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Eccyesis or tubal pregnancy as ectopic pregnancy
In an ectopic pregnancy, the implantation of a blastocyst outside the uterine cavity takes place.
Cases of ectopic pregnancies have increased worldwide and have nearly doubled in the last 10 years. This increase is attributed, among other things, to improved diagnosis. Secondly, intrauterine devices (IUDs), ascending genital infections, and infertility treatments are also associated with a high risk for ectopic pregnancy.
Causes of ectopic pregnancy
The most common location for ectopic pregnancy is the fallopian tube (tubal pregnancy). The uterine tube is divided into the ampulla, isthmus, and intramural portion. Comparably, the ampulla is affected more often. The isthmic and intramural portions are affected less often.
Approx. 1% of ectopic pregnancies can affect the uterus, ovary, peritoneum (abdominal pregnancy), or the cervix.
Origin and development of ectopic pregnancy
The tubal mucosa is similar to the endometrium of the uterus in its ability to undergo decidualization, although not to a comparable extent. When a fertilized egg is not yet in the uterine cavity by the 5th or 6th day, it is implanted at its then-current location, which is usually the tube.
The reasons for ectopic pregnancy may include disorders connected with the ovulation mechanism and tubal passage. The tube may be blocked due to congenital or acquired anomalies. In addition, functional impairment is possible in terms of the disruption of ciliary activity or tube motility.
Frequently, adhesions cause the blockage of transport from the fimbriae to the uterine cavity. This can happen due to inflammation as in the case of adnexitis. Adhesions can also be caused by endometriosis implants, surgical interventions (for example scarring), or previous ectopic pregnancies.
Women with an IUD are more often affected by ectopic pregnancy than women without IUDs. Decreased peristalsis might be the reason.
Symptoms of ectopic pregnancy
Ectopic pregnancy is an important differential diagnosis in cases of acute abdomen. Here, the symptoms vary greatly. It depends on the localization of the ectopic pregnancy, the condition of the product of conception (the embryo may be intact or already dead), and the age of the pregnancy. Thus, asymptomatic processes or severe presentations, including circulatory shock, are possible. In addition, classical symptoms and signs of pregnancy may be present. These include breast tenderness and morning sickness.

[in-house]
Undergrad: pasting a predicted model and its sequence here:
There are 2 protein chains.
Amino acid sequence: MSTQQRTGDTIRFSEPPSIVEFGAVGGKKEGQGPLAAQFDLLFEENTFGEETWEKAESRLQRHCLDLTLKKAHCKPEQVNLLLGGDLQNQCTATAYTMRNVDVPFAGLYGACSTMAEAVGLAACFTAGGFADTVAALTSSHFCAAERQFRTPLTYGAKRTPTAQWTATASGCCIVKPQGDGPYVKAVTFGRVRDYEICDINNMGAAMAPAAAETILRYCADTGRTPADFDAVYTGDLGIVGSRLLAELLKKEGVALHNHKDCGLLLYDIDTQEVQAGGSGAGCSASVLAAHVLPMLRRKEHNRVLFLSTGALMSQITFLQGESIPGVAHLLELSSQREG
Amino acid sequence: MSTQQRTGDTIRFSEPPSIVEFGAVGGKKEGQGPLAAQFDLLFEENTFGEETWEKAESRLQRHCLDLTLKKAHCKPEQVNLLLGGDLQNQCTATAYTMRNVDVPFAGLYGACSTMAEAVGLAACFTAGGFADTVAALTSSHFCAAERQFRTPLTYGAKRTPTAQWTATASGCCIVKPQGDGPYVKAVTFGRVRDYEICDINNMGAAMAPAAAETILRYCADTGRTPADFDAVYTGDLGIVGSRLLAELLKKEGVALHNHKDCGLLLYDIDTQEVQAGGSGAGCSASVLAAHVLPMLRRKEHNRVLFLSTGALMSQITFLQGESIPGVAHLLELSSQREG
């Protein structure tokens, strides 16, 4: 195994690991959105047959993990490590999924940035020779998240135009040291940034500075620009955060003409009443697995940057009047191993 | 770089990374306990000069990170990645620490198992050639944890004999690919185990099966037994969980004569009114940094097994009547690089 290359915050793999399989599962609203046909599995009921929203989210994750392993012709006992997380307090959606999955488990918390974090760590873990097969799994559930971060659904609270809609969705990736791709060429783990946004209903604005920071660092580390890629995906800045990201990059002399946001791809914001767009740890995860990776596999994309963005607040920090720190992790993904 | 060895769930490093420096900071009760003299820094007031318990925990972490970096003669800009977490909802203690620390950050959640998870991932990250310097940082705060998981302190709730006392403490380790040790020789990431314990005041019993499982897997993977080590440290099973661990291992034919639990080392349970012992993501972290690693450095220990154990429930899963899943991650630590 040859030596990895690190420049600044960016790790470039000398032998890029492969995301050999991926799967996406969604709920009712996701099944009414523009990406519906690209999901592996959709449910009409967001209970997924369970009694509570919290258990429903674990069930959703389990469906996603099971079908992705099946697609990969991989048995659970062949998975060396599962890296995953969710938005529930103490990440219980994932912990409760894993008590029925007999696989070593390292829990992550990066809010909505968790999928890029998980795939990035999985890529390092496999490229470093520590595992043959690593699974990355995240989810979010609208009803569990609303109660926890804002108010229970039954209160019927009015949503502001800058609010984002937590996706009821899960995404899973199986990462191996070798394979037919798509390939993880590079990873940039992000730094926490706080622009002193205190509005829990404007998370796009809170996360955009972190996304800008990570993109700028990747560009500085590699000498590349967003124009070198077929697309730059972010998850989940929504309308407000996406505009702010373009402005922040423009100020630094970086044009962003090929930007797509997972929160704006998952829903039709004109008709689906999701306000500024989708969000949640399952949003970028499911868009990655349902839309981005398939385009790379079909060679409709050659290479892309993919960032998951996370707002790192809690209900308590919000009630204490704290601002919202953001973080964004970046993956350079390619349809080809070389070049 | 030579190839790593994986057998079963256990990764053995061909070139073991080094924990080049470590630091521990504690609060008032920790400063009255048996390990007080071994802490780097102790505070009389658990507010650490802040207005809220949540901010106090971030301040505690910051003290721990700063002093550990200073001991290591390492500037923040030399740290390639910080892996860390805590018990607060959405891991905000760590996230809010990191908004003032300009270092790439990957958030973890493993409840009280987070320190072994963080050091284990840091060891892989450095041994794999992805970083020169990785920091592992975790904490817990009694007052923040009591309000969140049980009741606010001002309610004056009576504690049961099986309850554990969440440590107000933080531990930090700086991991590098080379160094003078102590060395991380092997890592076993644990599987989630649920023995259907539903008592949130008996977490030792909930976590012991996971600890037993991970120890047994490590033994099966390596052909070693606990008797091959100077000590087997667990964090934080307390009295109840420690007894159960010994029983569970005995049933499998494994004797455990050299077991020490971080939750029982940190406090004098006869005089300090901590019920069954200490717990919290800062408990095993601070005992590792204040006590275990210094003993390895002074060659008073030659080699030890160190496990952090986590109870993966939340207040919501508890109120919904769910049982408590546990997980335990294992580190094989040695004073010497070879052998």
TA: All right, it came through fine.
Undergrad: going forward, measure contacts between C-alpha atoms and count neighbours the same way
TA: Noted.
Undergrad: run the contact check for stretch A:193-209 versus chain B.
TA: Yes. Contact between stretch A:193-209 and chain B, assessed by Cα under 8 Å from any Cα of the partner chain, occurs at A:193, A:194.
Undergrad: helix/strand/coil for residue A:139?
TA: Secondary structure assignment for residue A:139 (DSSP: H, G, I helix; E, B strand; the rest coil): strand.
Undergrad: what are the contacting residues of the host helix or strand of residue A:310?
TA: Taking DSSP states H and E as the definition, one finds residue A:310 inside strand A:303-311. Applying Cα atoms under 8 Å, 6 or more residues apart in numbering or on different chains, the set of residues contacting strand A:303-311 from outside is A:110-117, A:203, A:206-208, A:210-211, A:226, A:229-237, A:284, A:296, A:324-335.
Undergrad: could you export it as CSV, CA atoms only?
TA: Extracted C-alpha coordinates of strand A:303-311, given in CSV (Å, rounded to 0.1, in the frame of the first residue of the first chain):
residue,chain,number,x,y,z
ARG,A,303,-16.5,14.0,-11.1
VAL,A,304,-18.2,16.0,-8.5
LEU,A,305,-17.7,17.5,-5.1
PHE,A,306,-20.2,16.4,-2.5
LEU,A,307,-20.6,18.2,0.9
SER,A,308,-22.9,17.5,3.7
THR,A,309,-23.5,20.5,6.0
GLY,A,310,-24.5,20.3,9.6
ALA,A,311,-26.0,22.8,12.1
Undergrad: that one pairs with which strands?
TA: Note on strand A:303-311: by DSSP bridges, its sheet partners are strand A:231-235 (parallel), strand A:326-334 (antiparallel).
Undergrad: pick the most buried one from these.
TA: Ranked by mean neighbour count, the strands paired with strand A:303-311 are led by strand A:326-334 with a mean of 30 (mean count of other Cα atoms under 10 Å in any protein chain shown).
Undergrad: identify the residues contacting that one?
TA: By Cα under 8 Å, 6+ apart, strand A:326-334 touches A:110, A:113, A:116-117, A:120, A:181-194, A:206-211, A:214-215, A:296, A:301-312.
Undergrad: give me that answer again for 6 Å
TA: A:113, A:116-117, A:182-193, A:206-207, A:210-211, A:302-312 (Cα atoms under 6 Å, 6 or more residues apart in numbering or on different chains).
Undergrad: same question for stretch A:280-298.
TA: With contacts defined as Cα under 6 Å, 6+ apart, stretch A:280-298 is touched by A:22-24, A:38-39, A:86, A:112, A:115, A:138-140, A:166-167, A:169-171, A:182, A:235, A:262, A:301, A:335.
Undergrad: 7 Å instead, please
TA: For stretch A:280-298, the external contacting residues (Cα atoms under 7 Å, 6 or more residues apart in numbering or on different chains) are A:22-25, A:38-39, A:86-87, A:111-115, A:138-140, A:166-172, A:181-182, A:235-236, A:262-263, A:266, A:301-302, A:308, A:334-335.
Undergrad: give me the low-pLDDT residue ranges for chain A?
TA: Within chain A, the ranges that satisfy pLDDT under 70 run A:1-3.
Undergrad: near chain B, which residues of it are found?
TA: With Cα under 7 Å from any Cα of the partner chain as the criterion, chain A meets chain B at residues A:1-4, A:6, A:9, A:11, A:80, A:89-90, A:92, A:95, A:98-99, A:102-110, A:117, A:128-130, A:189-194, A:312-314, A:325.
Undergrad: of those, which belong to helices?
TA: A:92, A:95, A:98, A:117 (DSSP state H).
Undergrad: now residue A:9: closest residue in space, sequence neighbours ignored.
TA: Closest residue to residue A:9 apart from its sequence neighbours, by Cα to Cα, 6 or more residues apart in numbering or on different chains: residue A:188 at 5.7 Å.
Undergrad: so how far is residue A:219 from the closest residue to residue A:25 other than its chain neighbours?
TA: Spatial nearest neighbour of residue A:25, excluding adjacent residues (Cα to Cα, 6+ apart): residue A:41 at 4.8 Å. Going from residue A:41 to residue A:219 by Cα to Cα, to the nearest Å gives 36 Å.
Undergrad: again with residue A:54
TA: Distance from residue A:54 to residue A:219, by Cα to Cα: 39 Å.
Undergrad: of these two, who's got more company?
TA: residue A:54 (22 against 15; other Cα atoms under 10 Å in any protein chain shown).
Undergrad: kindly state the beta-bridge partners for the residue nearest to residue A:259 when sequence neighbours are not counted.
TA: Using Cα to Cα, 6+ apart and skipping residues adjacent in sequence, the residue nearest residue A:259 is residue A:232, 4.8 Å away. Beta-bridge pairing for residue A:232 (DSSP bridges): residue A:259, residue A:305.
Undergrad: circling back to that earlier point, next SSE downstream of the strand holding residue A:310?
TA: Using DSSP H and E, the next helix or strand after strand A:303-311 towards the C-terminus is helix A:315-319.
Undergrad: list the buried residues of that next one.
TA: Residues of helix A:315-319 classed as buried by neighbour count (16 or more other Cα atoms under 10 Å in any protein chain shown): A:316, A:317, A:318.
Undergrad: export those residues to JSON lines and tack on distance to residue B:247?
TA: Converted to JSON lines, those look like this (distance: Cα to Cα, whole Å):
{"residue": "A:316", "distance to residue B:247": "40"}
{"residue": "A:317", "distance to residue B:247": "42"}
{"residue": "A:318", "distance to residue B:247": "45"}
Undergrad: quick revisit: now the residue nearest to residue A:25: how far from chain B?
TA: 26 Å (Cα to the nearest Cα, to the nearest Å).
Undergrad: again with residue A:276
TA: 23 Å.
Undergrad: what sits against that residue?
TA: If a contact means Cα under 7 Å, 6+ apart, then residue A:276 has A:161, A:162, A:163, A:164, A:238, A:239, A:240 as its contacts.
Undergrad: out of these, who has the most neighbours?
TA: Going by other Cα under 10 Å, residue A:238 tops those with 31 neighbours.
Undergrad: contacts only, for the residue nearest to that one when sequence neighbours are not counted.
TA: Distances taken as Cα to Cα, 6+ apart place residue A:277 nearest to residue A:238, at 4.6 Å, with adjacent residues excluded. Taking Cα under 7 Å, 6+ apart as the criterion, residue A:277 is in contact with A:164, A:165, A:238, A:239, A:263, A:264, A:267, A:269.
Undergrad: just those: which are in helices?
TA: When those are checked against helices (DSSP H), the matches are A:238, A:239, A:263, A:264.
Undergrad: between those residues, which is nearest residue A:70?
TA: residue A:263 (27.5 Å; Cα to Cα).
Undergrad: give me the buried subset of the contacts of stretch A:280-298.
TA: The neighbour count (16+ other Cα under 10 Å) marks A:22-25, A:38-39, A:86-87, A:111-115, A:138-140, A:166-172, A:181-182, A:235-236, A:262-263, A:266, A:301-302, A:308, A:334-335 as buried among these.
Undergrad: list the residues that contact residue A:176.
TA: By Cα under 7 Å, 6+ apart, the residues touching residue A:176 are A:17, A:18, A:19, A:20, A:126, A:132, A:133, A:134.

Initially, secondary amenorrhea is usually present. After about 5 weeks, unilateral pain appears in the adnexal region. This may also be accompanied by spotting. This bleeding usually corresponds to a hormonal withdrawal bleeding and is less associated with direct bleeding from the tube.
Pain symptoms in the shoulder area may arise if the tube has been already ruptured (often the result of ectopic pregnancy at the isthmus) and if there is intra-abdominal bleeding. This pain is caused by the irritation of the phrenic nerve.
DiagnosisA clinical examination is indicated in addition to a history of abdominal pain and secondary amenorrhea. On palpation of the lower abdomen, pain with pressure and pain on the movement of the cervix are present. Subsequently, a laboratory analysis must be initiated. An increased serum beta-HCG concentration would still be detectable even with a negative pregnancy test. Thus, beta-HCG plays an important role in the diagnosis. Furthermore, an ultrasound examination is crucial. In this case, an empty uterine cavity without an amniotic sac is detected. Often a pseudo-gestational sac is visible. This is caused by the accumulation of fluid in the endometrium and looks similar to the fetal sac. You may also see an enlargement of the tube with the amniotic sac. Frequently, the tube has already ruptured, and the examiner may observe free fluid (blood) in the pouch of Douglas.
The diagnosis of ectopic pregnancy is a high possibility in the presence of these findings. However, the diagnosis must be confirmed by laparoscopy.
Diseases similar to ectopic pregnancy
Other reasons for an acute abdomen must be ruled out, in addition to gynecological causes. These include sigmoid diverticulitis or appendicitis.
Other gynecological differential diagnoses include endometriosis, acute adnexitis, abortion, ovarian torsion, and urological colic.
It is important to note that none of the above differential diagnoses cause hemorrhagic shock and that any cause of hemorrhagic shock is a surgical emergency.
Treatment of ectopic pregnancy
Therapeutically, diagnostic-therapeutic pelviscopy is used. The radical nature of the treatment will depend on the patient’s desire to have children. For those desiring children, a conservative organ-preserving procedure is applied. However, this increases the risk of recurrence of an ectopic pregnancy.
A salpingostomy can be performed for ectopic pregnancy. Here, a longitudinal incision is made, and the gestational sac is removed from the tube. If future childbirth is undesired, the affected tube is removed (salpingectomy).
In the early stages of ectopic pregnancy, conservative action is also possible and comprises drug therapy. In the case of local treatment, prostaglandins or methotrexate can be injected. Likewise, systemic drug therapy is possible with intramuscular methotrexate administration. This causes the death of the embryo. Conservative treatment may be applied if there is no evidence of bleeding or rupture.
In the course of treatment, beta-HCG should regularly be checked.
Probability of ectopic pregnancy recurrence
The probability of ectopic pregnancy recurrence is very high, with a recurrence rate of 5–20%.